How to talk to your kids about Prepping in a Disaster

In the middle of the COVID19 epidemic, my teen came to me expressing a lot of anxiety about the current situation of the world. We had a good chat and I used the experience to give her a lesson on prepping, disaster, and self reliance. In the end she felt better and went back to doing the things that teens do.

From that conversation I thought of a few tips for talking with your kids about these topics and helping them not only find comfort, but hopefully come to embrace the prepper lifestyle as they grow up.

Tip 1: Calm their fear.

  • Yes, as preppers and survivalists we know that danger is real and closer than the average american would ever realize. But your child is not to the developmental level to handle the gravity of that just yet – especially in the middle of a crisis. A wise mentor of mine always suggested to me that it’s best to lead with what he called “a non-anxious presence”. Panic often kills more than the disaster itself, so model calm confidence while the rest of the world freaks out.

Tip 2: Remind them of your planning a preparations

  • If you truly are prepared, this is an easy conversation. Mine went something like “Sweetie, your mom and I saw this coming long before other families and we’ve made preparations to keep us all safe. We have enough food for X number of time. We have masks for each member of the family. We have reserve savings for the loss of wages. And we have defensive systems in place to protect our home and community. As long as we stay in this house – we are safe.” You don’t have to be scared if you’re prepared.

Tip 3: Teach them that fear is a tool, not a friend nor an enemy.

  • The statement I made to my daughter was “It’s good that you feel fear. Do you know what fear is? Fear is your body telling you that you need to take action. It tells you to stock up on food and medicine while others buy a jetski. It tells you to leave a situation when you notice a dangerous person or confrontation. Fear was designed to make us fight or run away. Do we need to run from a virus? Do we need to put our dukes up and fist fight it? No.” This ties in closely to tip #2. You explain that the action that needs to be taken at this point has already been taken by the family ahead of time, and the only action then need to take is to stay calm and in this case, stay home.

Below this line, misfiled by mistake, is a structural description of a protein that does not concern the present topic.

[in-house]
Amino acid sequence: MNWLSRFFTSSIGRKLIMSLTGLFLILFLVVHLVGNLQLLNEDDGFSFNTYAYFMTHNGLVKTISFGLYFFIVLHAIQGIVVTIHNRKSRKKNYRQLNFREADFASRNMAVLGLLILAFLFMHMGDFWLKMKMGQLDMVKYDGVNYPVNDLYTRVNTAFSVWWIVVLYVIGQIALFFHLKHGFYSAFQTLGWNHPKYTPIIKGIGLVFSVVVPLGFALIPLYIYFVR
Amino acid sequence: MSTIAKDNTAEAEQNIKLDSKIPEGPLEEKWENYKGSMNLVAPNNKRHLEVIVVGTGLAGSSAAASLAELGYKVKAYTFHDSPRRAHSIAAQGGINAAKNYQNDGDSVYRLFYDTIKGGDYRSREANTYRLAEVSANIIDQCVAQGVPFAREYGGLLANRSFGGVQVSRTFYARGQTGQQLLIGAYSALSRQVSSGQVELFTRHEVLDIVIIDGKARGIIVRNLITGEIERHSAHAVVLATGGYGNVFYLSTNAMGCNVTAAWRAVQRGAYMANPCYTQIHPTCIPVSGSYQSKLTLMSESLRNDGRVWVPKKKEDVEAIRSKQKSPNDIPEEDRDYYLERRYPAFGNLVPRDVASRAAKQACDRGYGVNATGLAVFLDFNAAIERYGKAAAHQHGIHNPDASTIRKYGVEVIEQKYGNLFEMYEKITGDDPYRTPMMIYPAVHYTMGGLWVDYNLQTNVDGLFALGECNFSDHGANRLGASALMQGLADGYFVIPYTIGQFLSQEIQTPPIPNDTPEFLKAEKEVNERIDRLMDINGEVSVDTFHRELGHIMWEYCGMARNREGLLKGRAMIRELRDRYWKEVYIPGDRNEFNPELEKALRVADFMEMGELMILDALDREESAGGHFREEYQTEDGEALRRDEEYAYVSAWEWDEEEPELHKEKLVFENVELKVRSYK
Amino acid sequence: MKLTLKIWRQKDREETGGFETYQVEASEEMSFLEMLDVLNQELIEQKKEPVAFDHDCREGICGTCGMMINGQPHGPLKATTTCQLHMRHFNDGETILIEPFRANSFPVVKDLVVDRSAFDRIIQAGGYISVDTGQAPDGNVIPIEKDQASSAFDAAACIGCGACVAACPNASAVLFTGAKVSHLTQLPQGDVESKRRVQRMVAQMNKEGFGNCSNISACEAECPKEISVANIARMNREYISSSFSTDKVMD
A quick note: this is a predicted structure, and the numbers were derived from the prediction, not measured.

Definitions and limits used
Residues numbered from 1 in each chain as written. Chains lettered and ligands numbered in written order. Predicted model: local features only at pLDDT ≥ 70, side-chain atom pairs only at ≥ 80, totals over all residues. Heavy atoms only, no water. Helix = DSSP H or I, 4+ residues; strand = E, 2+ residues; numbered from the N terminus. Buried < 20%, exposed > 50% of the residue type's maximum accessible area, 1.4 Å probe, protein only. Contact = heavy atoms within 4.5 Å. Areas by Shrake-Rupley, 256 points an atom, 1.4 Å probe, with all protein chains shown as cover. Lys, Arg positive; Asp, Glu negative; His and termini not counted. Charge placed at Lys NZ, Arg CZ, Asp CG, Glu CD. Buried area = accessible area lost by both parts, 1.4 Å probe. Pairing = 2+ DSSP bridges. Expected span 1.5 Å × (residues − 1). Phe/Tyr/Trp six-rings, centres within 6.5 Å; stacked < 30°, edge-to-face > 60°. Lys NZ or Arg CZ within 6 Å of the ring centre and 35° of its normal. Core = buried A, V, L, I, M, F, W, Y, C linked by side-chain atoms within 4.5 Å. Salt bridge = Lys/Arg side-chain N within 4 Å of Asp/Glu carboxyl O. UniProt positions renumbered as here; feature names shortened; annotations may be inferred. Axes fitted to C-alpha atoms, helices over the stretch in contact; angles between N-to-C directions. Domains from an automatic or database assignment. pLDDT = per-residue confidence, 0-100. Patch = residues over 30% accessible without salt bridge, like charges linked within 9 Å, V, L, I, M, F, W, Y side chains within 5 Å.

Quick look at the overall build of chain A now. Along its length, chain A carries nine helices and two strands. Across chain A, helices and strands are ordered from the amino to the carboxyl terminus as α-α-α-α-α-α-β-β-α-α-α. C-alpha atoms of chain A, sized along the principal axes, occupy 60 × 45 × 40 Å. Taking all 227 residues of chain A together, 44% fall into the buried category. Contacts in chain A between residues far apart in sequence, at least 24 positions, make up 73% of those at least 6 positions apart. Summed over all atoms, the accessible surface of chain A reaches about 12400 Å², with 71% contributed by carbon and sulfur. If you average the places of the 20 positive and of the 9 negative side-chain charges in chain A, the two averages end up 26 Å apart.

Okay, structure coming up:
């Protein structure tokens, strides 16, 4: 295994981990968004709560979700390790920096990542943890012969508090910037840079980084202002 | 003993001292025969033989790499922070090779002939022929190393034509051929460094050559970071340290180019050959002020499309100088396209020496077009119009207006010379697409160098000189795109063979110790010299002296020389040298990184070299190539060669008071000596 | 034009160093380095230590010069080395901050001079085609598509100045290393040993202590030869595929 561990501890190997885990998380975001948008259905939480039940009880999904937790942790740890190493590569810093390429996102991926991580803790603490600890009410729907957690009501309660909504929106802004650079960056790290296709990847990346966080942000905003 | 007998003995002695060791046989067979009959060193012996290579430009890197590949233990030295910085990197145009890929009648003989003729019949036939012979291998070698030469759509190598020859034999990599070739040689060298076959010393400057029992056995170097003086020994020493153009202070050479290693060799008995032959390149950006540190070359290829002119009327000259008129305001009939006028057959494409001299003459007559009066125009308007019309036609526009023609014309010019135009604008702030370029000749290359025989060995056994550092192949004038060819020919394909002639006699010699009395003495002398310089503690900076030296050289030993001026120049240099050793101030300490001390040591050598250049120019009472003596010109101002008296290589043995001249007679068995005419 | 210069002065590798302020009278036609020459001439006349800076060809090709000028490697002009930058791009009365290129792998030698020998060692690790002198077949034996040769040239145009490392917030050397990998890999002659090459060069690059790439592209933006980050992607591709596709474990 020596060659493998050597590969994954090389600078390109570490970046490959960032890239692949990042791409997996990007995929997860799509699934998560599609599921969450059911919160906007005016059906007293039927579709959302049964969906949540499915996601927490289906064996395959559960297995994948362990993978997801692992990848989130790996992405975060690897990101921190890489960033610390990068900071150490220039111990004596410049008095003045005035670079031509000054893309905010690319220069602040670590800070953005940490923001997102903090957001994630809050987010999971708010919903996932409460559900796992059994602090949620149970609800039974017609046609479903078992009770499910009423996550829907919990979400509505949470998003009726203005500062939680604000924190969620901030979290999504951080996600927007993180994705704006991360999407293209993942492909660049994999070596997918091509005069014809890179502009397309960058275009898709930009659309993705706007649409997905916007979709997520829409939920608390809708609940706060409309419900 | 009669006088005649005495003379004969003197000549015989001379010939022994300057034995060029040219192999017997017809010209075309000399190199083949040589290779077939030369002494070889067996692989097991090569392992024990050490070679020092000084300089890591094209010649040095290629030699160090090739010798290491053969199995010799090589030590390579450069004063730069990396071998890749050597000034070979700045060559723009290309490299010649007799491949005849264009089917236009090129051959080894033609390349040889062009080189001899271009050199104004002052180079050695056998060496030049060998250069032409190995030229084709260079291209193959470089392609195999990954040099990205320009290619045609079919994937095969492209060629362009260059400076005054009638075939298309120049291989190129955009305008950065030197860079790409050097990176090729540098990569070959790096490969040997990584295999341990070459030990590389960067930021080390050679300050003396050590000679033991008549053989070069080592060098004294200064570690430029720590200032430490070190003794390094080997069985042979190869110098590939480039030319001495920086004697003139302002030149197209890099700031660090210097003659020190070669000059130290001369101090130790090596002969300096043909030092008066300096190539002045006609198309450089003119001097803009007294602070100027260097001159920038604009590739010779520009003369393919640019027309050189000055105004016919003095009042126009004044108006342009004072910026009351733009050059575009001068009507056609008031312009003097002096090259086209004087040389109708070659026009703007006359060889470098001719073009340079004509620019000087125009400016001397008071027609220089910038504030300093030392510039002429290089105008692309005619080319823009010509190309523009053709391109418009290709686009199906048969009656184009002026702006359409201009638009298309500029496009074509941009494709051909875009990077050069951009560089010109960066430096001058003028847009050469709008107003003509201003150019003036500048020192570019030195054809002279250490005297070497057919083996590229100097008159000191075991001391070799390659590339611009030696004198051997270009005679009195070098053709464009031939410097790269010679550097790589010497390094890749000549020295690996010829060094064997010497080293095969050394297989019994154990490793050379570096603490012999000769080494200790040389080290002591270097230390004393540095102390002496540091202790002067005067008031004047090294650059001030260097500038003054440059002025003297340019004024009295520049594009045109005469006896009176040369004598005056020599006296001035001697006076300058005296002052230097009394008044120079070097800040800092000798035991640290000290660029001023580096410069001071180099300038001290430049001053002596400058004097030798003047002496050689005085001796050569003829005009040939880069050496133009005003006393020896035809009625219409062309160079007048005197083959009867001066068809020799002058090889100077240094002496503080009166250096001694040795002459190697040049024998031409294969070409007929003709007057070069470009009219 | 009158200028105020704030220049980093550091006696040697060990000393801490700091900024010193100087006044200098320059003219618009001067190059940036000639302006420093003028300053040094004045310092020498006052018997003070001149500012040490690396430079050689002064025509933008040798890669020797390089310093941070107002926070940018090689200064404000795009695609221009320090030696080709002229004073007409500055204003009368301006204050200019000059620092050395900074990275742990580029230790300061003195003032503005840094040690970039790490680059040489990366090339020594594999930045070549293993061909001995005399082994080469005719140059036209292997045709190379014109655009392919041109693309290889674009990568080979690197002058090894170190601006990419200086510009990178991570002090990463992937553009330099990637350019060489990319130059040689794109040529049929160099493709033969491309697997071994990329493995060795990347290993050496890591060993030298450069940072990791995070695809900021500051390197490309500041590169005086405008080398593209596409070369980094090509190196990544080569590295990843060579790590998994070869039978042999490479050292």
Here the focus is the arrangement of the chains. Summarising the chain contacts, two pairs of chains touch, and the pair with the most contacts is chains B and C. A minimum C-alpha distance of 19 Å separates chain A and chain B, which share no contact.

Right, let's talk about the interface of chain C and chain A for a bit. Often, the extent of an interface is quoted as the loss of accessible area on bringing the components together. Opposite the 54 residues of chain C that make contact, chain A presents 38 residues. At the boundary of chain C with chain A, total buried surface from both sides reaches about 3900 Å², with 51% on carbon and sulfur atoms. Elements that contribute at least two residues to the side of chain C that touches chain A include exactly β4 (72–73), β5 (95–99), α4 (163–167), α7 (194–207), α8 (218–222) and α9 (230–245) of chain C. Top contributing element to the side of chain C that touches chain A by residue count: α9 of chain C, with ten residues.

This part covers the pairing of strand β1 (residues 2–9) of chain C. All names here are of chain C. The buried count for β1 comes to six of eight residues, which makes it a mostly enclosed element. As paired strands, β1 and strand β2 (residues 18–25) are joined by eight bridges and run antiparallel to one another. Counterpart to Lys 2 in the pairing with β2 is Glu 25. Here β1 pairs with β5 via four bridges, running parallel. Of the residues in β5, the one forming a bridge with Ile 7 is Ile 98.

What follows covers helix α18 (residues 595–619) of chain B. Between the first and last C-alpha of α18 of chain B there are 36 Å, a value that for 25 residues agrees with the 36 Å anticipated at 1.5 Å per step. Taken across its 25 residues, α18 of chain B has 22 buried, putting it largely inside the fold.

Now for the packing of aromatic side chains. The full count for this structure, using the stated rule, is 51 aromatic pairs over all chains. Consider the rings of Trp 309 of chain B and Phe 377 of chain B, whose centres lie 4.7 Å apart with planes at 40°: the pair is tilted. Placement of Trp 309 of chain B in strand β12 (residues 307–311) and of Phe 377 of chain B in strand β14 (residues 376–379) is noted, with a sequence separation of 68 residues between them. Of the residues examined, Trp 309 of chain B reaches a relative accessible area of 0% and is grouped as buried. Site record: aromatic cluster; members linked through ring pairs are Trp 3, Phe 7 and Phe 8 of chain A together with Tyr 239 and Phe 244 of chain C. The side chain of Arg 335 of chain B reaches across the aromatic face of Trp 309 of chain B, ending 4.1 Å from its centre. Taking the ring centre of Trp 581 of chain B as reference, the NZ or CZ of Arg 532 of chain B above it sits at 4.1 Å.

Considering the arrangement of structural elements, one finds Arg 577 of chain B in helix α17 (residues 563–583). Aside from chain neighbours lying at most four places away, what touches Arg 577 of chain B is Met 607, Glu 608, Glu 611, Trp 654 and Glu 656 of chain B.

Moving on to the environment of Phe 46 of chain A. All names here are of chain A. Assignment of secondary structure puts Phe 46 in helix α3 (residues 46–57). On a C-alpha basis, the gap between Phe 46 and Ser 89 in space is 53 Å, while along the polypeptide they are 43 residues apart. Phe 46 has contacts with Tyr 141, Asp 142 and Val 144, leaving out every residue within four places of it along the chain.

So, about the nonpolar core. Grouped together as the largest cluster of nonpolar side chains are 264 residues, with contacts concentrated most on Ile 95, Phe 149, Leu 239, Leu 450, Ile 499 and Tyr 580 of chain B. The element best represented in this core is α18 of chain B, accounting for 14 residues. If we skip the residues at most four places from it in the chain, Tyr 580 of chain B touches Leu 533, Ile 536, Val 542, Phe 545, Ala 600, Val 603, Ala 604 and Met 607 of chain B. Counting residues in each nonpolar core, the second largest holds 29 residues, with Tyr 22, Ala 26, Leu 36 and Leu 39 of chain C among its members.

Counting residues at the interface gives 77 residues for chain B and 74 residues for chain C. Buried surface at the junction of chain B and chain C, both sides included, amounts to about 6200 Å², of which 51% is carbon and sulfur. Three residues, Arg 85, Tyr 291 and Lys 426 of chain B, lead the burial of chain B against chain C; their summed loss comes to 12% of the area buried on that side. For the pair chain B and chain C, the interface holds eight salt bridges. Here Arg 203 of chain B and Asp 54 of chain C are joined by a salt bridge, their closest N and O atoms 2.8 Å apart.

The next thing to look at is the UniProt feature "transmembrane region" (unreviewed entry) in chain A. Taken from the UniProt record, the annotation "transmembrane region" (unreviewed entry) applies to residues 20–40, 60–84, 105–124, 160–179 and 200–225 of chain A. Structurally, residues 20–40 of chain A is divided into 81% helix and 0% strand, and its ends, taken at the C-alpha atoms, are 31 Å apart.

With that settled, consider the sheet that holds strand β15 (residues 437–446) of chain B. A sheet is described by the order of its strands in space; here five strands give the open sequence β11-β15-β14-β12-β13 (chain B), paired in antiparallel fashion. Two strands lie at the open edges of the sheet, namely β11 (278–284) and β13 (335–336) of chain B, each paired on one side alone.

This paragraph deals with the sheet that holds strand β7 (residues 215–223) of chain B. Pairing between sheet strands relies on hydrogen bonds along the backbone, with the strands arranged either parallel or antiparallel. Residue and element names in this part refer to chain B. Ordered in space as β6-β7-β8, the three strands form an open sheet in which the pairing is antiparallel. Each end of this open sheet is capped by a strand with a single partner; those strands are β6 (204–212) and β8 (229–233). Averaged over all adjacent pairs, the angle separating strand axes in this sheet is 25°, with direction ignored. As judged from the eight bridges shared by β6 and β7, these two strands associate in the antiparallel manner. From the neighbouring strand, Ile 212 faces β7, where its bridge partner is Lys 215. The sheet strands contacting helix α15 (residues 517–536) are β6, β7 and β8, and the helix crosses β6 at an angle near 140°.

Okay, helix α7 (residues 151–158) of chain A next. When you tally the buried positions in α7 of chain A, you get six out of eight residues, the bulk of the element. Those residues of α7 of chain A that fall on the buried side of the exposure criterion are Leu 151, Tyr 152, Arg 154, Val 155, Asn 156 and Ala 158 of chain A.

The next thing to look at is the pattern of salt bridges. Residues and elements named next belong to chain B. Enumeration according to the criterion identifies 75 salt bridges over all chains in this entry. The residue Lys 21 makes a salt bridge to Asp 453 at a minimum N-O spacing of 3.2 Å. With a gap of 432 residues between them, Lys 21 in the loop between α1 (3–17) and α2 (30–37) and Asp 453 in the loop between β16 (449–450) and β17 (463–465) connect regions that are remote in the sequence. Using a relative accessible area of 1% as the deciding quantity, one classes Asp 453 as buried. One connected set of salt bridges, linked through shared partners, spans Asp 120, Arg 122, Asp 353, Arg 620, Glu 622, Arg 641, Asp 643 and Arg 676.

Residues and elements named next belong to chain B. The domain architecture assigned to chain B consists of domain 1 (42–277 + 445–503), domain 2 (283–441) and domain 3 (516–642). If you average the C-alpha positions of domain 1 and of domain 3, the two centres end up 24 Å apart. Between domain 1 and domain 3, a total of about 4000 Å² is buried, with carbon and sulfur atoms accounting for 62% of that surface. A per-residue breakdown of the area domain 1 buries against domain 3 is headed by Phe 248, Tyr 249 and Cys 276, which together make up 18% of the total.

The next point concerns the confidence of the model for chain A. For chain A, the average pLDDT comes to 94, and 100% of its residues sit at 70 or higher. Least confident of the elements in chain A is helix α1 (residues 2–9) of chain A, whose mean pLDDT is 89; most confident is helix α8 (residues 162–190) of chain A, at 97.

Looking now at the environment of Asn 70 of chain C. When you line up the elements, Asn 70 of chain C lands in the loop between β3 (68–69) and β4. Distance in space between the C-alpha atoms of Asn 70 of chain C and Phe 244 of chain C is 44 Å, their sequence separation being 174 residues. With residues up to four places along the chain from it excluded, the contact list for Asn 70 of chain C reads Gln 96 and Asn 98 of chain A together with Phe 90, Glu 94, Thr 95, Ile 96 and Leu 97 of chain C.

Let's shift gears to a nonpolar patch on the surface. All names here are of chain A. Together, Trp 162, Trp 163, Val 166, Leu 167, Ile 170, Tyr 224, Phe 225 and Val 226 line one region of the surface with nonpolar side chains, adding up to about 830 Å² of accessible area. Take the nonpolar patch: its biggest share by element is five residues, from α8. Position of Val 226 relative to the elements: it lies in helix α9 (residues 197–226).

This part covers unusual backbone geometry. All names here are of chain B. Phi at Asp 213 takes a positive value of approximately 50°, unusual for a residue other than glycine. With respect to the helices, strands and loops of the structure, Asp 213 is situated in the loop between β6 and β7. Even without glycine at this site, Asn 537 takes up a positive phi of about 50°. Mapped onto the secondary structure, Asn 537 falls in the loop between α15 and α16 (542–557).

Tip 4: Open their eyes to being ahead of the curve.

  • As a prepper, you saw this coming. Now, start asking them questions of what else is possible and more importantly, how to prepare now. “So, if we are having this virus issue now, what would things look like if people get too sick to go to their jobs? What kind of people might get too sick that we need? Police? Power Plant workers? Doctors? Water and Sanitation workers? We could lose power, right? Maybe public water? What if the phones go down? So how do we prepare for those items so we’re ready?” I’m typing this hypothetical conversation here for effect but I urge you to do your best to not lead your child the way I did above. Let them chew on it. Let their minds wander a bit. Heck, they might think of a scenario that YOU overlooked.

Tip 5: Know your child. 

  • I’ve spent this post explaining how the conversation with my child went, but my kid isn’t your kid. I have a very quick witted 15 year old who could handle the weight of this conversation. If you have a 5 year old, dial it back a bit Captain Intense! Adding more fear and stress to your kids will only make them freeze, and one day come to hate prepping and possibly you. Protect their immediate safety but also protect their innocence and hope for the future. In this world we live in, they’ll need every bit of hope they can get.  

For more info on prepping with your kids – check out our previous article: Teaching the Prepper Mindset to Children

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